Weather-related events and increased demand came into play as the FAO Food Price Index registered its sharpest increase since mid-2012, averaging 208.1 points in February 2014, the UN Food and Agriculture Organisation (FAO) said on Thursday.
The new level is 5.2 points, or 2.6 per cent, above a slightly revised index for January, but is still 2.1 per cent lower than last year at the same time, according to an FAO statement received in Dakar.
It said the figures were released amid news reports of spikes in wheat and corn prices in response to recent developments in Ukraine, though the February increase in the Index could not be entirely attributed to those events.
FAO said the Index, based on the prices of a basket of internationally-traded food commodities, saw price upticks in all commodity groups, with the exception of meat, which fell marginally.
The strongest increases since January have been seen in sugar (+6.2 percent) and oils (+4.9 percent), followed by cereals (+3.6 percent) and dairy (+2.9 percent).
'This month's increase follows a long period of declining food prices in general. But it's too early to say if this is a true reversal of the trend,' said Concepción Calpe, FAO Senior Economist.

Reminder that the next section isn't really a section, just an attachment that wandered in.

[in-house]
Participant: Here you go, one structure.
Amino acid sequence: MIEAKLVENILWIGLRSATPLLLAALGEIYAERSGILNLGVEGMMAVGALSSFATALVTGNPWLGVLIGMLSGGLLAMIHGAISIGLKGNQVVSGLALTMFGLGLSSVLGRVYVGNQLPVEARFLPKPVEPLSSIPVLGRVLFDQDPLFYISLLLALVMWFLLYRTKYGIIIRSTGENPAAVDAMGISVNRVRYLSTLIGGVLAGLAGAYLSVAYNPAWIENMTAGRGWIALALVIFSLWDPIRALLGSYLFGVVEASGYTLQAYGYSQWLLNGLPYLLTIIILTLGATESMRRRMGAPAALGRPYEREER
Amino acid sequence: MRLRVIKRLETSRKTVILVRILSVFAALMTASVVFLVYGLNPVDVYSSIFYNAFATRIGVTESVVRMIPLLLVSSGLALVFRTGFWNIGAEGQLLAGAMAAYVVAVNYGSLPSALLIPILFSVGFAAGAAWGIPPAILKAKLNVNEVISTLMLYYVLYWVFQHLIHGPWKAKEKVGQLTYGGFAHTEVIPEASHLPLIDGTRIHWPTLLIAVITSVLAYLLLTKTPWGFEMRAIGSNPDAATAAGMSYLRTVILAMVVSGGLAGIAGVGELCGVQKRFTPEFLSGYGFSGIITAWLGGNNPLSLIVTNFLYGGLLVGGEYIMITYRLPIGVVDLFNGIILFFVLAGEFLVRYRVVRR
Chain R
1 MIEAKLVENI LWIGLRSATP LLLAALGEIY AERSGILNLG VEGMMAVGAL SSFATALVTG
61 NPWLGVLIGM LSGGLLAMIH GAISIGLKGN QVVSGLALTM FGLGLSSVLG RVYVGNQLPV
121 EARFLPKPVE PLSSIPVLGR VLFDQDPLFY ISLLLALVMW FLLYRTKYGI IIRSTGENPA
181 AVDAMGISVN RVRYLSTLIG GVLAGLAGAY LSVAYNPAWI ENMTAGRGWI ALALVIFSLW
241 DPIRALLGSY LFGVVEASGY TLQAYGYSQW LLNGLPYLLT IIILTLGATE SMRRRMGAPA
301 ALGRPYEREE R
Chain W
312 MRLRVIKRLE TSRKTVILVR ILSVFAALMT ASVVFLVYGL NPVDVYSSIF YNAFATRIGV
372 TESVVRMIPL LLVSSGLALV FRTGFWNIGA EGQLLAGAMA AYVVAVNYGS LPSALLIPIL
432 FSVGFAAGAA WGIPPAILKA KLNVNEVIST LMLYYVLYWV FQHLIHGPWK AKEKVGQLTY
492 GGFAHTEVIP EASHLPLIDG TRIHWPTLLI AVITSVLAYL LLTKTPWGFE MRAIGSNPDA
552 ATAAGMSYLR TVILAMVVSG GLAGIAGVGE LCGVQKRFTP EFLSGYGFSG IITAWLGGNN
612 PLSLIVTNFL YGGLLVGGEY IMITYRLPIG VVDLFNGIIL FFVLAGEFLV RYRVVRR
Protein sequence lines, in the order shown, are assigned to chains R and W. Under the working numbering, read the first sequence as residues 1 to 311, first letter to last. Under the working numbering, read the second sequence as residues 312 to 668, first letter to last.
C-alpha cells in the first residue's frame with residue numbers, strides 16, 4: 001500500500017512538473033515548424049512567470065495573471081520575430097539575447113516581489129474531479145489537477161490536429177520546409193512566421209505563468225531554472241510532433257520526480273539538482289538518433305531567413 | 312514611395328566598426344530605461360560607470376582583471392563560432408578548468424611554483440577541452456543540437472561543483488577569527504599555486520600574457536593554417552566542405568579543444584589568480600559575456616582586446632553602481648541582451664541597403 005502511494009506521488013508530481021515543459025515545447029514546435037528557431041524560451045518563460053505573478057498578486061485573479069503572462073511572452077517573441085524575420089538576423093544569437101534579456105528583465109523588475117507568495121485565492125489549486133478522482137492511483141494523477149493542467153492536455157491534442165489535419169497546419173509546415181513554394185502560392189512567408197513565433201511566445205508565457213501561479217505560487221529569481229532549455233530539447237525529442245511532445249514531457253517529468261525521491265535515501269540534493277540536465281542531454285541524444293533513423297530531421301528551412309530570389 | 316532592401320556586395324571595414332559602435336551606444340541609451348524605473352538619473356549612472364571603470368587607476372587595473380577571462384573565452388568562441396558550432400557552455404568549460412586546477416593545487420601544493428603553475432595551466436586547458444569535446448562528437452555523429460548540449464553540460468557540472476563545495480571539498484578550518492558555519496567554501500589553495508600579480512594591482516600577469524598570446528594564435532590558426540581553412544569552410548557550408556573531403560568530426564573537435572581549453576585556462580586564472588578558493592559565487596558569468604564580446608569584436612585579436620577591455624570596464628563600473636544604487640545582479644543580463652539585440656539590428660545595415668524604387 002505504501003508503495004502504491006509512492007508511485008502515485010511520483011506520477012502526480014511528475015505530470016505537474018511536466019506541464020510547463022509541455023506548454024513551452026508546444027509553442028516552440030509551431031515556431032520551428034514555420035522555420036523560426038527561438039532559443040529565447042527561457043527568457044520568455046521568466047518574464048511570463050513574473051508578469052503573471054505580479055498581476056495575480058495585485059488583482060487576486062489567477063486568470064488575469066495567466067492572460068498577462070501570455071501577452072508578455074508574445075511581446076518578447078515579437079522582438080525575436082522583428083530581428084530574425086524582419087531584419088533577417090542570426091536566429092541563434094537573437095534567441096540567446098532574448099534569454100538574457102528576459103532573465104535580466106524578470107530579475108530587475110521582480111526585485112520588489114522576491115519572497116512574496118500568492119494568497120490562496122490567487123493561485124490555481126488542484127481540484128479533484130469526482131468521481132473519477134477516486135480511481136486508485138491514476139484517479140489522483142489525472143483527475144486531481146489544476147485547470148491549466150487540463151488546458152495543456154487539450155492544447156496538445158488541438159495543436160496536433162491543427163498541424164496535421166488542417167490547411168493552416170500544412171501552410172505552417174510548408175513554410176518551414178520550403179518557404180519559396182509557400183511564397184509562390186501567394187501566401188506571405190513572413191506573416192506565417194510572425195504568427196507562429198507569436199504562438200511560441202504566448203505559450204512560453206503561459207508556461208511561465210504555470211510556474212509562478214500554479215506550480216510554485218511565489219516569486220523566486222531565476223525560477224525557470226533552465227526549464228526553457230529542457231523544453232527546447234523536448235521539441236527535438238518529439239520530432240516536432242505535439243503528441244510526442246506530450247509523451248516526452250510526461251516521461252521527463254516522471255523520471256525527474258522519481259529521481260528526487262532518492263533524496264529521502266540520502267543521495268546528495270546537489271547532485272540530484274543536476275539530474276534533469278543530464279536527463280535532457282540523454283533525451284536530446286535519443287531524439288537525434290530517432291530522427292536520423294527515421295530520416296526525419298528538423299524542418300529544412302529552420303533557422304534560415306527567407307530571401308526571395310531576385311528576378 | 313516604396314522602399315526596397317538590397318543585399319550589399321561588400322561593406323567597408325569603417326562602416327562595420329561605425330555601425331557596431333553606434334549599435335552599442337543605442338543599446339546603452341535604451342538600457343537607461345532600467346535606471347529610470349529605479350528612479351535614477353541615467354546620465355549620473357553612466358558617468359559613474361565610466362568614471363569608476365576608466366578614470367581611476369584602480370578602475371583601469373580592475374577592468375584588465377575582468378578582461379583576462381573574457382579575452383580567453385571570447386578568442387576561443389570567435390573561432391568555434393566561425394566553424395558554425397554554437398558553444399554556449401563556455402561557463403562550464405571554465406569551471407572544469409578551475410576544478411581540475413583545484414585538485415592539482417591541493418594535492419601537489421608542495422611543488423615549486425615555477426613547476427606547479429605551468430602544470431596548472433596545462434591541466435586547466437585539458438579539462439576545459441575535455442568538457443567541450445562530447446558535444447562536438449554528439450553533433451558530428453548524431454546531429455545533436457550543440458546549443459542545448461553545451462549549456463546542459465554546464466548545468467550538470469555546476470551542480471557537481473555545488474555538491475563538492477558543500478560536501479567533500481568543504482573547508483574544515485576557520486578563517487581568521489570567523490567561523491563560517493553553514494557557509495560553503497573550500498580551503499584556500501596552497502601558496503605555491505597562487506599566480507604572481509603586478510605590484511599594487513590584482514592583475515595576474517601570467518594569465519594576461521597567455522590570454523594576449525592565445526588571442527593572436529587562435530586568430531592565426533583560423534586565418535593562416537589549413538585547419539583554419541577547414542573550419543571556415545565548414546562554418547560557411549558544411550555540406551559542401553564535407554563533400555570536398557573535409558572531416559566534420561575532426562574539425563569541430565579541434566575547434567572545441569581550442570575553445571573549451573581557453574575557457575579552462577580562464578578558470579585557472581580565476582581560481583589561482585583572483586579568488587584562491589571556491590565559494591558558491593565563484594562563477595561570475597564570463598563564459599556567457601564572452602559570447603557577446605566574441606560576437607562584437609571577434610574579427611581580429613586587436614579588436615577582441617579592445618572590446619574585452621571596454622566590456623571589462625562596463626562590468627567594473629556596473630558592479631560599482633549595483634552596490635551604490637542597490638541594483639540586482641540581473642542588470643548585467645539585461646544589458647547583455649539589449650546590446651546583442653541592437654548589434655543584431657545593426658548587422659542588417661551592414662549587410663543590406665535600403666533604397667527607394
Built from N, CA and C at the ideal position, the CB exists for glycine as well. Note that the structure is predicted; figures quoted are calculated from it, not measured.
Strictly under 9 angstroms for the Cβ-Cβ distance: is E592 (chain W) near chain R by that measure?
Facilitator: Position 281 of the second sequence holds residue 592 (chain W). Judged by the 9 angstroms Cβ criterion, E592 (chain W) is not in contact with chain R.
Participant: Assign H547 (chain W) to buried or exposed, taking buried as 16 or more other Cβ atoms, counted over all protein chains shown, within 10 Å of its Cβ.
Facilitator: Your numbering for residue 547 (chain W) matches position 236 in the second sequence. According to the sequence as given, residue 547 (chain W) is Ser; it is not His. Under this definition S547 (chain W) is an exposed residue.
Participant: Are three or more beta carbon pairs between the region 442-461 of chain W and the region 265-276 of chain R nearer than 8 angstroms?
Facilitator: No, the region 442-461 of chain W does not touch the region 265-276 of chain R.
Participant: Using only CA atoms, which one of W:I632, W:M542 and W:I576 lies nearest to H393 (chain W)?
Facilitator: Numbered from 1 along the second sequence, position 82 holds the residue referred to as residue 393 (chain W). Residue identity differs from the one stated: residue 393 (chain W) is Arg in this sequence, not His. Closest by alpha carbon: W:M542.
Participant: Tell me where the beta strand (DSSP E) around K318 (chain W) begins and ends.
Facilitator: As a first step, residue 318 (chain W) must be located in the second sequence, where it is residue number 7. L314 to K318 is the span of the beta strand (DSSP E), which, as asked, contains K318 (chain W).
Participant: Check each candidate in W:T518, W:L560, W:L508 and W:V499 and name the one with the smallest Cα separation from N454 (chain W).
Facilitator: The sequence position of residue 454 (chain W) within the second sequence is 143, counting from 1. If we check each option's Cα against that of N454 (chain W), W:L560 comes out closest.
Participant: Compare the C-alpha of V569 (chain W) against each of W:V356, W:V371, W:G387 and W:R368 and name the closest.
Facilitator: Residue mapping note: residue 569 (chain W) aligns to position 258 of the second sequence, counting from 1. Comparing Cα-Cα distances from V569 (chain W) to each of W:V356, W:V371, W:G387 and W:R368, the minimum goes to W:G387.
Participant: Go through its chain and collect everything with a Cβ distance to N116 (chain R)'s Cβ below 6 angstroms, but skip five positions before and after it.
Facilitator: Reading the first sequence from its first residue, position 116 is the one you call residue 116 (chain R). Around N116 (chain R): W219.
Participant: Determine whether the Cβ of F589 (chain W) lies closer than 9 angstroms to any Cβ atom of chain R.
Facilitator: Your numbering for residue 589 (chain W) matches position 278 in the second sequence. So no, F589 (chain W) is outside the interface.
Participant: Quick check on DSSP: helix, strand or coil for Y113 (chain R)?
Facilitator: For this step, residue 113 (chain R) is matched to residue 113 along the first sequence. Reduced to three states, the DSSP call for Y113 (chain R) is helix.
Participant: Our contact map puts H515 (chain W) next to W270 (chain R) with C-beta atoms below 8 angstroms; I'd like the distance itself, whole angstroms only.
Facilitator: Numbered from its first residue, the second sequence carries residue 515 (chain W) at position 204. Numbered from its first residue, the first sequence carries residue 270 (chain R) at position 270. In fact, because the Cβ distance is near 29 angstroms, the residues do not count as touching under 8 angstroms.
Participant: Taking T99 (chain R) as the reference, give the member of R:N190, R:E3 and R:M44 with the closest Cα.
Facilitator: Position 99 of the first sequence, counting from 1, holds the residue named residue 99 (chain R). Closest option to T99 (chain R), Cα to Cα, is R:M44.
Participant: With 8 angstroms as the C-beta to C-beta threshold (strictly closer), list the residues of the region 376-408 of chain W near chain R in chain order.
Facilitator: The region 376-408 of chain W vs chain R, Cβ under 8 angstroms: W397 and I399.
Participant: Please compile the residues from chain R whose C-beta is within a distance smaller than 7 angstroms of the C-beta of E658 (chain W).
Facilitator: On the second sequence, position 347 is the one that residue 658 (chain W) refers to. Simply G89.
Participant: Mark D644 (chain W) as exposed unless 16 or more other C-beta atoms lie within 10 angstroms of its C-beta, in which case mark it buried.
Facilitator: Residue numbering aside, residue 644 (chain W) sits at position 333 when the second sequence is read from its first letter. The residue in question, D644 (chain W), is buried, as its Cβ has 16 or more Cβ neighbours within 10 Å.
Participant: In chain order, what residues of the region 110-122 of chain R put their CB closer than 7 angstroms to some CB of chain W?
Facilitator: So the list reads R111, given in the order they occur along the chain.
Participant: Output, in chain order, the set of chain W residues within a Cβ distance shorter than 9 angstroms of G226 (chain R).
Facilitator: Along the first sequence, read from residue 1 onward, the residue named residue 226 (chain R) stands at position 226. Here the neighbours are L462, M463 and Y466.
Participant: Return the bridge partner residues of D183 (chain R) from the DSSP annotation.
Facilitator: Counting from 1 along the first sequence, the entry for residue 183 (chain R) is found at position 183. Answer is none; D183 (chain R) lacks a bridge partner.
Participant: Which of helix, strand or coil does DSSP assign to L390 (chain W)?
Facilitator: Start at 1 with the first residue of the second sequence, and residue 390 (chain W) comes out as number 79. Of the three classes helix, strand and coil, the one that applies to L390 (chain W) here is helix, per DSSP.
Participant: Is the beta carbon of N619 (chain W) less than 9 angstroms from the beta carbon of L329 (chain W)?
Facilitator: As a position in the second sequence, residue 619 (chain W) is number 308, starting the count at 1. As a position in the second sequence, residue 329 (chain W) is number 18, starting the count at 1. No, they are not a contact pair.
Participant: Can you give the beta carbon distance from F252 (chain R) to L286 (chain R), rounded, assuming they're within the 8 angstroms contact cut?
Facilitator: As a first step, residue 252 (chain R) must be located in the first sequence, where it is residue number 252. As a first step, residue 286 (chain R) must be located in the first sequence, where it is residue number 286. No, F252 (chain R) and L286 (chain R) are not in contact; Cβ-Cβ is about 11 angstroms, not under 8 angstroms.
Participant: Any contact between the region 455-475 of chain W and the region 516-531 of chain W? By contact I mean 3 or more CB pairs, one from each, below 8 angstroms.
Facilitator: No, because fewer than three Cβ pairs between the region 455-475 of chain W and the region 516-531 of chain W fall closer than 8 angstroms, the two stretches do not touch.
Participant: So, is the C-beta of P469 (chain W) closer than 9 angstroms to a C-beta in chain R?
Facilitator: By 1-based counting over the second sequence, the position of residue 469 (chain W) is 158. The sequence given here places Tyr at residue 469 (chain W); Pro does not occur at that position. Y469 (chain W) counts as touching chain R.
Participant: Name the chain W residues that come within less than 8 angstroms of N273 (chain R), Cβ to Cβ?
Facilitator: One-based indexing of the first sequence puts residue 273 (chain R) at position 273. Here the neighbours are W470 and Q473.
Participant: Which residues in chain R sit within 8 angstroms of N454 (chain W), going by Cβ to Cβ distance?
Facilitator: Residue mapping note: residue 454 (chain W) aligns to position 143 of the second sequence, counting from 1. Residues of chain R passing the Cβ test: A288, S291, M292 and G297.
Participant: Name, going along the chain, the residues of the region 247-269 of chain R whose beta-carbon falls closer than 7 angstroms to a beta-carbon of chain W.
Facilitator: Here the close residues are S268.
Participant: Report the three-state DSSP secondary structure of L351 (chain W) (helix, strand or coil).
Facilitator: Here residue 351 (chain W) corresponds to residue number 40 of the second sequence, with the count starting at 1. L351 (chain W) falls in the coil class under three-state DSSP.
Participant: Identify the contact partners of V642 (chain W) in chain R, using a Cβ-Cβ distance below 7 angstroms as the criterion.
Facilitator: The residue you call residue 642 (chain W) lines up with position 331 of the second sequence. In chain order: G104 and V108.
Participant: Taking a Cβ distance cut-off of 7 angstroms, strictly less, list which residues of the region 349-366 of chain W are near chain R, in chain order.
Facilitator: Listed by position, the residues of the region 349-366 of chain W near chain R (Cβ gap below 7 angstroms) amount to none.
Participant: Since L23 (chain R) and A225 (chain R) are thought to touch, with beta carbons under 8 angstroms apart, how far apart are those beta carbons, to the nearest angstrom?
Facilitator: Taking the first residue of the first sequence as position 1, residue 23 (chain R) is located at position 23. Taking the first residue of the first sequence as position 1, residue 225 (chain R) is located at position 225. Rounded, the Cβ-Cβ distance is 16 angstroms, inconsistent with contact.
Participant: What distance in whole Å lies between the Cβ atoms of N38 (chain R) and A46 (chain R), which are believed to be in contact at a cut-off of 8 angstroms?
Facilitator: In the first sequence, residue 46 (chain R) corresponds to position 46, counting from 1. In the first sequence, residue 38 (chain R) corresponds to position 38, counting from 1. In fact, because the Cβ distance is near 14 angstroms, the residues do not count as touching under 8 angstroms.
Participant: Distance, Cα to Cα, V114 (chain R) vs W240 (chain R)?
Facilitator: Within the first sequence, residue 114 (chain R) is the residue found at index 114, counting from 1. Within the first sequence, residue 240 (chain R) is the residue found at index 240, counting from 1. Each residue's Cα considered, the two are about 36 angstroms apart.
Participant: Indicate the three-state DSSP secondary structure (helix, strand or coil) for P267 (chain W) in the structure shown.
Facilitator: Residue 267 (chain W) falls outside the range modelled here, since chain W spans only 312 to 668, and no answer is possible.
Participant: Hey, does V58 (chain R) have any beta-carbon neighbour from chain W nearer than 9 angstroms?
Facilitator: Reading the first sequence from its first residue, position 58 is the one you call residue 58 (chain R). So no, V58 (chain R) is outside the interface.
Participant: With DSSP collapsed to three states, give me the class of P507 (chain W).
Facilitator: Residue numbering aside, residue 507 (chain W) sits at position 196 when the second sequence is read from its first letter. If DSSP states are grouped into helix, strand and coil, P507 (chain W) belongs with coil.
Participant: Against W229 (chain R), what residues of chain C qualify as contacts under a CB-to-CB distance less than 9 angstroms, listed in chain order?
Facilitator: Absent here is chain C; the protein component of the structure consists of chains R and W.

'The weather is probably a major force driving up prices for certain commodities like sugar or wheat, but brisk demand is also an important factor underpinning maize, dairy and oil prices' Calpe added.
The FAO Cereal Price Index averaged 195.8 points in February, up 6.8 points, or 3.6 per cent, from the previous month.
It said in West Africa, the overall food security situation remained stable following an above-average 2013 cereal harvest, but over 20 million people were estimated to be in need of food assistance due to insecurity and reduced crops in parts of the Sahel.